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The complicated life of the rejected scholar.

By STEPHEN MOSS [Guardian] – Doubts about the authenticity of the Dickens-Dostoevsky meeting spread, retractions were made, the Dickensian had egg on its face. But only recently did the full story of the deception emerge when Eric Naiman, a professor in the department of Slavic Languages and Literatures at the University of California, Berkeley, wrote an immensely detailed six-page article in the TLS (“three days’ work”, says Harvey dismissively when I praise Naiman for his industry) establishing Harvey’s academic avatars – not just Stephanie Harvey, but Graham Headley, Trevor McGovern, John Schellenberger, Leo Bellingham (author of Oxford: The Novel), Michael Lindsay and Ludovico Parra. Naiman traced the way in which, over the past 30 years, this group had been commenting on one another’s work in scholarly journals and little magazines, sometimes praising one ano ther but occasionally finding fault too. “How comforting,” Naiman commented drily, “to construct a community of scholars who can analyse, supplement and occasionally even ruthlessly criticise each other’s work.”

AD Harvey doesn’t deny he is the creator of that community…

Harvey, who is 65, was born in Colchester just after the second world war. His mother was a Jew from Hungary who had fled from the Nazis; his father was a lumberjack – the Essex, rather than Canadian, variety. Perversely, as with everything with Harvey, he reckons his father was the clever one. His parents separated when he was one. He was a bright, inquisitive boy, went to what he calls a cheap fee-paying school on some special deal, won a scholarship to St John’s, Oxford, and then did a PhD at Cambridge on Lord Grenville, briefly prime minister during the Napoleonic war.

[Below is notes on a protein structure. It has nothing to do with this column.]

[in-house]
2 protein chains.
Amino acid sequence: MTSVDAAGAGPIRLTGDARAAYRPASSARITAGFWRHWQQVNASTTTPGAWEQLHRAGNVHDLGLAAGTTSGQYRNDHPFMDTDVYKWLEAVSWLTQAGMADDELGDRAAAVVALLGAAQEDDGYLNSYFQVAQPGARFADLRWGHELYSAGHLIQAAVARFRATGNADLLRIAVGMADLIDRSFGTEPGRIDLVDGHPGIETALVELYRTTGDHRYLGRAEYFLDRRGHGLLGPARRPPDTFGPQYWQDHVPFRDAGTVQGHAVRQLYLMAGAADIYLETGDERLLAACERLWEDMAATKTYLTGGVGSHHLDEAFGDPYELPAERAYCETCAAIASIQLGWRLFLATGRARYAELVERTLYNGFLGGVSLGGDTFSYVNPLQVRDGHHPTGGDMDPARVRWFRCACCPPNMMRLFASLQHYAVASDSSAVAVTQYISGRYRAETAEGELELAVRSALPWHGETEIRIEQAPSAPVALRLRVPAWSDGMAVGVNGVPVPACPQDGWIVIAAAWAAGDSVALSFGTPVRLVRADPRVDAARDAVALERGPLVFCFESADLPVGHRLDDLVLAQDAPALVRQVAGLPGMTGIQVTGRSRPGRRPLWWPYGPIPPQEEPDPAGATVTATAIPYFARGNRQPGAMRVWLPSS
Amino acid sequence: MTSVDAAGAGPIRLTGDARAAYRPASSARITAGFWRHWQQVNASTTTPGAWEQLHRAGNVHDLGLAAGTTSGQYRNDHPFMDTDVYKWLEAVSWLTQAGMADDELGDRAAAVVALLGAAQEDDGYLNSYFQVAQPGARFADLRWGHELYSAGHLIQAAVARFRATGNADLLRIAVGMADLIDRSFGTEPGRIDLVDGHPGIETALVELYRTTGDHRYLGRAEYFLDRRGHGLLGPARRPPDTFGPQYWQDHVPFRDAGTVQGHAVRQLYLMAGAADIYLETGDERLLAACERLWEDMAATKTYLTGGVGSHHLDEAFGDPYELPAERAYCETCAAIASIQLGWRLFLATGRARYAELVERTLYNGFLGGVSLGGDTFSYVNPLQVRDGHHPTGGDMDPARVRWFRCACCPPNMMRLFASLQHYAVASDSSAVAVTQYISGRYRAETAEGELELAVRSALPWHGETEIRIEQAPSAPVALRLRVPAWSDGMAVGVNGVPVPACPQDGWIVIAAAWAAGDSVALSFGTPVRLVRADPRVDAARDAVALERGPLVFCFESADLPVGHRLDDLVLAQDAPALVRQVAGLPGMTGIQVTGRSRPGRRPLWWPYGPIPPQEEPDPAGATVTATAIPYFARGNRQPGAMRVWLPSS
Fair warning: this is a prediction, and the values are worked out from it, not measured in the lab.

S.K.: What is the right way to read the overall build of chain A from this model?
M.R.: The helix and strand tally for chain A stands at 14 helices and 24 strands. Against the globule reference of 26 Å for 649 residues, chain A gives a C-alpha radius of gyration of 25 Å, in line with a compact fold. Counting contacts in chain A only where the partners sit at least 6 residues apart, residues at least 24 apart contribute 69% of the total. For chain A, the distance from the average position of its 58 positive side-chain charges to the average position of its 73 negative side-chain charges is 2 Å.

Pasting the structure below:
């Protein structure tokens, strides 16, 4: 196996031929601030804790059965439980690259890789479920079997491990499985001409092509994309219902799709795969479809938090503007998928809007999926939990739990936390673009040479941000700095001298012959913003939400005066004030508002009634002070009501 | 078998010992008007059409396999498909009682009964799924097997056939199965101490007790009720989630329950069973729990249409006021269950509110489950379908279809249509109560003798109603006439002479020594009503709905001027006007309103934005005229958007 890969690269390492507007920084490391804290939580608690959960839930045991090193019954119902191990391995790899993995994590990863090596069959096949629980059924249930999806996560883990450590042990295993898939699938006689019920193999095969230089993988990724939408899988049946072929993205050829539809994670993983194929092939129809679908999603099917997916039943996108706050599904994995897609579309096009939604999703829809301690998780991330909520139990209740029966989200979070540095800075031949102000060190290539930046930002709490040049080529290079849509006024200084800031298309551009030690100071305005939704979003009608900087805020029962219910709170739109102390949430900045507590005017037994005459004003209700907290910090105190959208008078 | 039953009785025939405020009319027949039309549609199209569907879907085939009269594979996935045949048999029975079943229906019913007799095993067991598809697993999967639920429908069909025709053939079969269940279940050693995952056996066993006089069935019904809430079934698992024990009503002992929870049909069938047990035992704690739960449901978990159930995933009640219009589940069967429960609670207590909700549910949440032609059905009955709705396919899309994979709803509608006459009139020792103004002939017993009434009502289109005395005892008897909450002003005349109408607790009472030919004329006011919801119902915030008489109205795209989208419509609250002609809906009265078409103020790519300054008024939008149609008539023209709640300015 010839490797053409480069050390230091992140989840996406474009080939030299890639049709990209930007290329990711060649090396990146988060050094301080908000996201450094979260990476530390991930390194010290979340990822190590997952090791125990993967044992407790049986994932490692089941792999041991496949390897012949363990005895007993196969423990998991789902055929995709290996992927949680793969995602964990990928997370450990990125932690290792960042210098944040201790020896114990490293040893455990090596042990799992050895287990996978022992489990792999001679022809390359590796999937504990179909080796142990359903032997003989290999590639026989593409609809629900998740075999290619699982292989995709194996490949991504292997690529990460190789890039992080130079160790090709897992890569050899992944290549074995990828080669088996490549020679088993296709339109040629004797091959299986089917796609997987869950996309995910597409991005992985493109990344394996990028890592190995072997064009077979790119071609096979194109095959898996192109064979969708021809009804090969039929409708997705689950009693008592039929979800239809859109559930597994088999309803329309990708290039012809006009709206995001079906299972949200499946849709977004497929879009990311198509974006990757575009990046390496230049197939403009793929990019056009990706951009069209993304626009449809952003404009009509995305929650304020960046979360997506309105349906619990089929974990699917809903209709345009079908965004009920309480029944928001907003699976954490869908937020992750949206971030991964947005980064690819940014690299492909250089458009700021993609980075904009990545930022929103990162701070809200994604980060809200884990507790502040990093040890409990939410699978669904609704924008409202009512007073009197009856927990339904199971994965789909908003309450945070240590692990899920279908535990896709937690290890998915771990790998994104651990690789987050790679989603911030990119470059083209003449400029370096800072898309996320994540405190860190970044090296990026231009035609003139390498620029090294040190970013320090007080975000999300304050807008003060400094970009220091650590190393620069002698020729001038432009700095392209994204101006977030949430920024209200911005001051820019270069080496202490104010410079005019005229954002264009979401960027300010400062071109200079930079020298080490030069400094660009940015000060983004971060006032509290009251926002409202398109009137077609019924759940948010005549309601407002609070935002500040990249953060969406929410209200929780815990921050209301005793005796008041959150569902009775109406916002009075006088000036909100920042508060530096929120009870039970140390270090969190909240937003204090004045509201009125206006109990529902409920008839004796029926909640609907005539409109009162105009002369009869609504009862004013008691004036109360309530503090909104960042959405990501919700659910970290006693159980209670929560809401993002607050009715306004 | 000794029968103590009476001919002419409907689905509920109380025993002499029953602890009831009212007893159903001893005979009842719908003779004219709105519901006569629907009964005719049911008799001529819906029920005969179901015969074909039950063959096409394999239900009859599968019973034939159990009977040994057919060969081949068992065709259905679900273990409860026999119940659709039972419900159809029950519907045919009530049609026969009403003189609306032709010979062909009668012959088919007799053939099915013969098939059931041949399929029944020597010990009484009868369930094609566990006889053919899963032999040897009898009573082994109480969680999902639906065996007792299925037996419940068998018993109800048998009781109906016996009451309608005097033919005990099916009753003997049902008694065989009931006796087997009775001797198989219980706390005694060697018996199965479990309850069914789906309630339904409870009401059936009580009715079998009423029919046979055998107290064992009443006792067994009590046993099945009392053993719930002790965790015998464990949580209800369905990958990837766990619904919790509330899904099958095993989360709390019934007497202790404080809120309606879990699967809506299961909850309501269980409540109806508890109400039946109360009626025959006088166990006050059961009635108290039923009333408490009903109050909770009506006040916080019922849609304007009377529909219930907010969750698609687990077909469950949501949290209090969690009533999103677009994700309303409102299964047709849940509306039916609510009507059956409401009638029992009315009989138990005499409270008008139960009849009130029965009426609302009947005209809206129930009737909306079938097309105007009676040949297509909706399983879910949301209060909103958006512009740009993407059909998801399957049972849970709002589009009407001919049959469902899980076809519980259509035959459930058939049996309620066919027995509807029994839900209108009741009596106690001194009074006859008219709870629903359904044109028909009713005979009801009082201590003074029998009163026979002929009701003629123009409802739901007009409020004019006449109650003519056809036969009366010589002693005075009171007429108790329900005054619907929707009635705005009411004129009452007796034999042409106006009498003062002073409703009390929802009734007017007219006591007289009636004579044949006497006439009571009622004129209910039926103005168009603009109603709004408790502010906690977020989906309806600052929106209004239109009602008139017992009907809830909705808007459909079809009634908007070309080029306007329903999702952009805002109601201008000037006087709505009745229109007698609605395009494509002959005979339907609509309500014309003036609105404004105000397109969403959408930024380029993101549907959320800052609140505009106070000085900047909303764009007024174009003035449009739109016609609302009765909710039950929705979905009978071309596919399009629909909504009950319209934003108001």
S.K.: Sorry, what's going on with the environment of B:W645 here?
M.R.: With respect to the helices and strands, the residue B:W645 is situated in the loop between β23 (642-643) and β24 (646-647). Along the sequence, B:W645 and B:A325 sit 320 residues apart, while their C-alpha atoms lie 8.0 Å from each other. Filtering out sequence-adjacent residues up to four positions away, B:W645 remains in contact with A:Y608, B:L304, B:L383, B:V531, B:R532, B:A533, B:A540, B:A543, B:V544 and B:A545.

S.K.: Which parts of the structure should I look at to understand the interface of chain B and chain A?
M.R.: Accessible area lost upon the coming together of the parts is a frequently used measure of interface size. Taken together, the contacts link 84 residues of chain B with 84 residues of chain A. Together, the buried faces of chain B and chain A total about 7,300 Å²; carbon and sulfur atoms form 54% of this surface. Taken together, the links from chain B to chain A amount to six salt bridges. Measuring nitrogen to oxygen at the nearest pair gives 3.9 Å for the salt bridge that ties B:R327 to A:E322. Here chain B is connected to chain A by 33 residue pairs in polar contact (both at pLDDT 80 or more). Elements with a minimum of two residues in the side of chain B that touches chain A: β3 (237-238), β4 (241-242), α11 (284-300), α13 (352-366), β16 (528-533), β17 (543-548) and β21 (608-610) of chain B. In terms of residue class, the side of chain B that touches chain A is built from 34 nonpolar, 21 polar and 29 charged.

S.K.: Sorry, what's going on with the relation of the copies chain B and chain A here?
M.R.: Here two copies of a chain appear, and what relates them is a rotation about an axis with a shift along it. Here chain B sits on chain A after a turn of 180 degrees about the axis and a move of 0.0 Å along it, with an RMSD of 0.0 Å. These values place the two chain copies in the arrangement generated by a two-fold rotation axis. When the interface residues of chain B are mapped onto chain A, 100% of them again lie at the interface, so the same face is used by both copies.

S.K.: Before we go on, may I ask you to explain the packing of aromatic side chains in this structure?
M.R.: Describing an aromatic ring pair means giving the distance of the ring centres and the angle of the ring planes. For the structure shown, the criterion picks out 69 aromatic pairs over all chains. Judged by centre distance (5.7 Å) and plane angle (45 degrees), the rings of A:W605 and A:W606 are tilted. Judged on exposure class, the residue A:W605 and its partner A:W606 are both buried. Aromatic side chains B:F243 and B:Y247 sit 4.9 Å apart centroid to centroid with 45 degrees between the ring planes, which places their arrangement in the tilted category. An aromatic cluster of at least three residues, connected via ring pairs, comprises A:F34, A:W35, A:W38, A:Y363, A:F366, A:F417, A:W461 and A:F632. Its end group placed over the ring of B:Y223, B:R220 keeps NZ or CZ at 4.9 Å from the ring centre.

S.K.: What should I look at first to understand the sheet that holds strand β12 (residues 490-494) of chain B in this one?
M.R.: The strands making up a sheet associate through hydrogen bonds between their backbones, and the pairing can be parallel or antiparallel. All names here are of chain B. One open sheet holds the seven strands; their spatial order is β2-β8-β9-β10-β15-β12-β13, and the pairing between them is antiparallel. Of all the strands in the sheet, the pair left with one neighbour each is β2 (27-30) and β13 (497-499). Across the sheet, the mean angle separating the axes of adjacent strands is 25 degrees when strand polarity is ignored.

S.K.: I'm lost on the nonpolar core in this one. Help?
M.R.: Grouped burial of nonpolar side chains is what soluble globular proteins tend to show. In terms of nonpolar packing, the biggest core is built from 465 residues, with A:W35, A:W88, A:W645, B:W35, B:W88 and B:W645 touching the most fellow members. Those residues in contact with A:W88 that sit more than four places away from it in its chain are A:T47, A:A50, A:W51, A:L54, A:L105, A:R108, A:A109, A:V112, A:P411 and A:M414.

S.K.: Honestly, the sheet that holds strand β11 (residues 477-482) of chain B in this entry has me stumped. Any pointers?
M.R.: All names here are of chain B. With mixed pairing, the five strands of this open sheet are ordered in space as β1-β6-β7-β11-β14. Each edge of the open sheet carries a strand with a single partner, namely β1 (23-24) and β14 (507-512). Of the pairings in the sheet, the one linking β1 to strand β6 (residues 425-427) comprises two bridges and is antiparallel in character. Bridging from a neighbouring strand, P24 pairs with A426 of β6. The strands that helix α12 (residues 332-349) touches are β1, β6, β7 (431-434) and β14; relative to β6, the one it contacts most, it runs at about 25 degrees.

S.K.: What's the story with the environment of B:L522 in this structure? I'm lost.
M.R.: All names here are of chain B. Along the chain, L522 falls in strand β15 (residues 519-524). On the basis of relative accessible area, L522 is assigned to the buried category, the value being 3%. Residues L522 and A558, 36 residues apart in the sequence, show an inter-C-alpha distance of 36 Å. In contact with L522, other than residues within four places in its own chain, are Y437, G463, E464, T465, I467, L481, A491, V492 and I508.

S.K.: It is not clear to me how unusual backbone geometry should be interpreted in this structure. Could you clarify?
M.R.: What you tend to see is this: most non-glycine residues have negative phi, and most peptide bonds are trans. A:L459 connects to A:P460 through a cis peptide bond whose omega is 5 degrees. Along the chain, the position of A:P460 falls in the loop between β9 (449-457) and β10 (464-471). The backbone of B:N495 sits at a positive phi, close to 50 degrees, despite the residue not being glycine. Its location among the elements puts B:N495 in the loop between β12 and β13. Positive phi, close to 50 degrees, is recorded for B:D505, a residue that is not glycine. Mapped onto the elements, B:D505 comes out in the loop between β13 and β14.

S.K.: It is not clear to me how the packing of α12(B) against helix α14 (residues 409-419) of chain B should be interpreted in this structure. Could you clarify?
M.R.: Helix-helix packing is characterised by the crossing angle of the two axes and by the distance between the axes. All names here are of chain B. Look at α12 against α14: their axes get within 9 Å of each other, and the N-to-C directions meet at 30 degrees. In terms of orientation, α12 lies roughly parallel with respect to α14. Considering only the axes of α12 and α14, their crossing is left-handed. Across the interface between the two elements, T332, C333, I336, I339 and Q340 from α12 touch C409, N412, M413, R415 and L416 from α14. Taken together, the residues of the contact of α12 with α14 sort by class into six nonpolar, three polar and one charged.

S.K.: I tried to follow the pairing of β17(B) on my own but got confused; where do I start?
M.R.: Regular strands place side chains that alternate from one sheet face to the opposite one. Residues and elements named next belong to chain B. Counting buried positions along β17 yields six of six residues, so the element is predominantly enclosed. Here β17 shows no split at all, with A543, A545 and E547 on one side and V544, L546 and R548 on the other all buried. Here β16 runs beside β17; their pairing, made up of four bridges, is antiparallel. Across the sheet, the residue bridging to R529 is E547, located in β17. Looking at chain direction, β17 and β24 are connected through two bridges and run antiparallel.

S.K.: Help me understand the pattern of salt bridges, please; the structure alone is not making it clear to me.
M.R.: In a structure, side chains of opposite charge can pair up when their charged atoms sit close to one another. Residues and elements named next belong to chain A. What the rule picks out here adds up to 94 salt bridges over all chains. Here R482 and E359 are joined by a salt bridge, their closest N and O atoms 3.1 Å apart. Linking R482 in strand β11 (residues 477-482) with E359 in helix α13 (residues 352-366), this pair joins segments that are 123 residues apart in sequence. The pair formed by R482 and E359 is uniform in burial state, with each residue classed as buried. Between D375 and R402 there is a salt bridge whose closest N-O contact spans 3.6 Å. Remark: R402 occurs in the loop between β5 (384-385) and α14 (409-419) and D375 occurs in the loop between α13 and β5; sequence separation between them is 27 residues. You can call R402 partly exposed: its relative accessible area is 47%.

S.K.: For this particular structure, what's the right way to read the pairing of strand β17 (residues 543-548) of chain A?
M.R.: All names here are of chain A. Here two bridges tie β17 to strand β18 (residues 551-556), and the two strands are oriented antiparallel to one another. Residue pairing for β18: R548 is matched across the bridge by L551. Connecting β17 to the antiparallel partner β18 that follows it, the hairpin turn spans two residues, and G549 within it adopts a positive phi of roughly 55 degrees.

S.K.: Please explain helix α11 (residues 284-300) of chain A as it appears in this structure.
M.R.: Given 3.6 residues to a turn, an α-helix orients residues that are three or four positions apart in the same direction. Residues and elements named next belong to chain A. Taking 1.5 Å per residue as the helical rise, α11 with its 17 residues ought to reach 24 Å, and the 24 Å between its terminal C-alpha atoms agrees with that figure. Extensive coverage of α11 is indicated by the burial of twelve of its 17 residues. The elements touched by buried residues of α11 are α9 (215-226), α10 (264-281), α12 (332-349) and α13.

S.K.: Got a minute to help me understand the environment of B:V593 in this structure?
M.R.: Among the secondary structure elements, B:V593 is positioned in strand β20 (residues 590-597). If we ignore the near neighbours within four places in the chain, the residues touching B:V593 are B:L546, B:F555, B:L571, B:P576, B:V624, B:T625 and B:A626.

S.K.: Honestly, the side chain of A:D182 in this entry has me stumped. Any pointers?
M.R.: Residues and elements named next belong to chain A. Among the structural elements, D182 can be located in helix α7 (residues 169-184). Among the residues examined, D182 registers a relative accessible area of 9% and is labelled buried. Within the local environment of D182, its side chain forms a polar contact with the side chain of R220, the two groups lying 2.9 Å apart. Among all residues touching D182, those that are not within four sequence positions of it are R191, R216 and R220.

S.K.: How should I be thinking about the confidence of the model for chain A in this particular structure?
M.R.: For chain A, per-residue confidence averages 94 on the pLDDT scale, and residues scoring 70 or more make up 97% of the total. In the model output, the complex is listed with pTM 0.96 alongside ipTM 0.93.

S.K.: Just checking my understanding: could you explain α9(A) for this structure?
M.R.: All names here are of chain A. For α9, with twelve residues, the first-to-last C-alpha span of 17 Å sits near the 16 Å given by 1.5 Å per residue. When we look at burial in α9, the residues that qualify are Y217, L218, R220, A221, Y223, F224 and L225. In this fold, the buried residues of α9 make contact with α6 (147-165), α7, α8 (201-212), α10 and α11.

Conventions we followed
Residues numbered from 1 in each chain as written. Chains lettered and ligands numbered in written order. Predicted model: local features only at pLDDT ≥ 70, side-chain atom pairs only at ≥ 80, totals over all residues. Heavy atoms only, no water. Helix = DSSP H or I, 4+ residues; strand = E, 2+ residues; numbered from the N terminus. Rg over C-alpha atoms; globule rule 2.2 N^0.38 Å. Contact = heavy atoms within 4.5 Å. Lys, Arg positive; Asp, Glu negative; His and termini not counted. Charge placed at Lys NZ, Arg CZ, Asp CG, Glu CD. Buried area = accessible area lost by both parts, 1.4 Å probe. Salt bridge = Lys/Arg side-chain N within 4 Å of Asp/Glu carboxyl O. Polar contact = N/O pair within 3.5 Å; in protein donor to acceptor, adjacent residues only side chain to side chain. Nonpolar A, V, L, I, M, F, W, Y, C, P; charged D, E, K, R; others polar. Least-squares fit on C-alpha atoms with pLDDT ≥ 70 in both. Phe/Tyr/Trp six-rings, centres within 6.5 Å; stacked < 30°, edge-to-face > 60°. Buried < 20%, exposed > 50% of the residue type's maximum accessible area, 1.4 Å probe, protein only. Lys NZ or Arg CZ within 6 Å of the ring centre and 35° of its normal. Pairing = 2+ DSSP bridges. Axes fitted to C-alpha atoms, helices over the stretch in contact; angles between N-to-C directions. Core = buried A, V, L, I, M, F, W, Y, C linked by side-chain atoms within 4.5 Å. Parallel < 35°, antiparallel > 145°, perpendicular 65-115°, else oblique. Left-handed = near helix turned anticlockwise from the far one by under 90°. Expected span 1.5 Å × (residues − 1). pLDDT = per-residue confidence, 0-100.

He had intended to be a novelist and was already in negotiation to publish Oxford: The Novel, the first draft of which had been taken up by a literary agent, but says he fell in love with research, knocked off his PhD in less than three years, and in 1978 published a monograph – Britain in the Early 19th Century. He appeared to be on the fast track to academic stardom, but reckons these early triumphs sowed the seeds of his downfall. “Naturally enough, I thought the sooner I finished the PhD, the sooner I’d get an academic job,” he says, “but the opposite is the case.” He says the ease with which he had gained his doctorate was held against him, and that the universities to which he was applying in his 20s were suspicious that he was already published.

There may be a degree of paranoia in all this. It could be that Harvey was just unlucky. Also, he started writing to the Times Higher Education Supplement complaining about being frozen out, so was starting to be seen as a troublemaker. He was also restless. He briefly had a junior lecturer post at North East London Polytechnic in the early 80s, but gave it up after a couple of years to teach in Italy. By the time he came back in 1986, he was almost 40 and seen as too old to start again; the academic door had slammed shut.

In a 40-year writing life, he has been salaried for seven and a half years; he calculates that his books have earned him £45,000; he lived in a squat in Swiss Cottage in his 20s; he has sometimes had to rely on income support and housing benefit to get by. He rapidly disabuses me of my romantic notion of the independent scholar. “I’m not an independent scholar,” he says, “I’m a scholar who couldn’t get a job, a rejected scholar. I didn’t choose to be independent. The fact that I was producing books and by 1979 had had half a dozen scholarly articles published, half of them in English literature, half of them in history, to anyone else that would look interesting, but to an academic it looks ‘Why can’t we do this? There’s something wrong with this man.’ What makes it look interesting to other people makes it look appalling to academics.” Harvey reckons he made 700 unsuccessful applications for academic posts.

So is his web of academic avatars and his invention of a meeting between Dickens and Dostoevsky a revenge against the world that shunned him?

Continued at The Guardian | More Chronicle & Notices.


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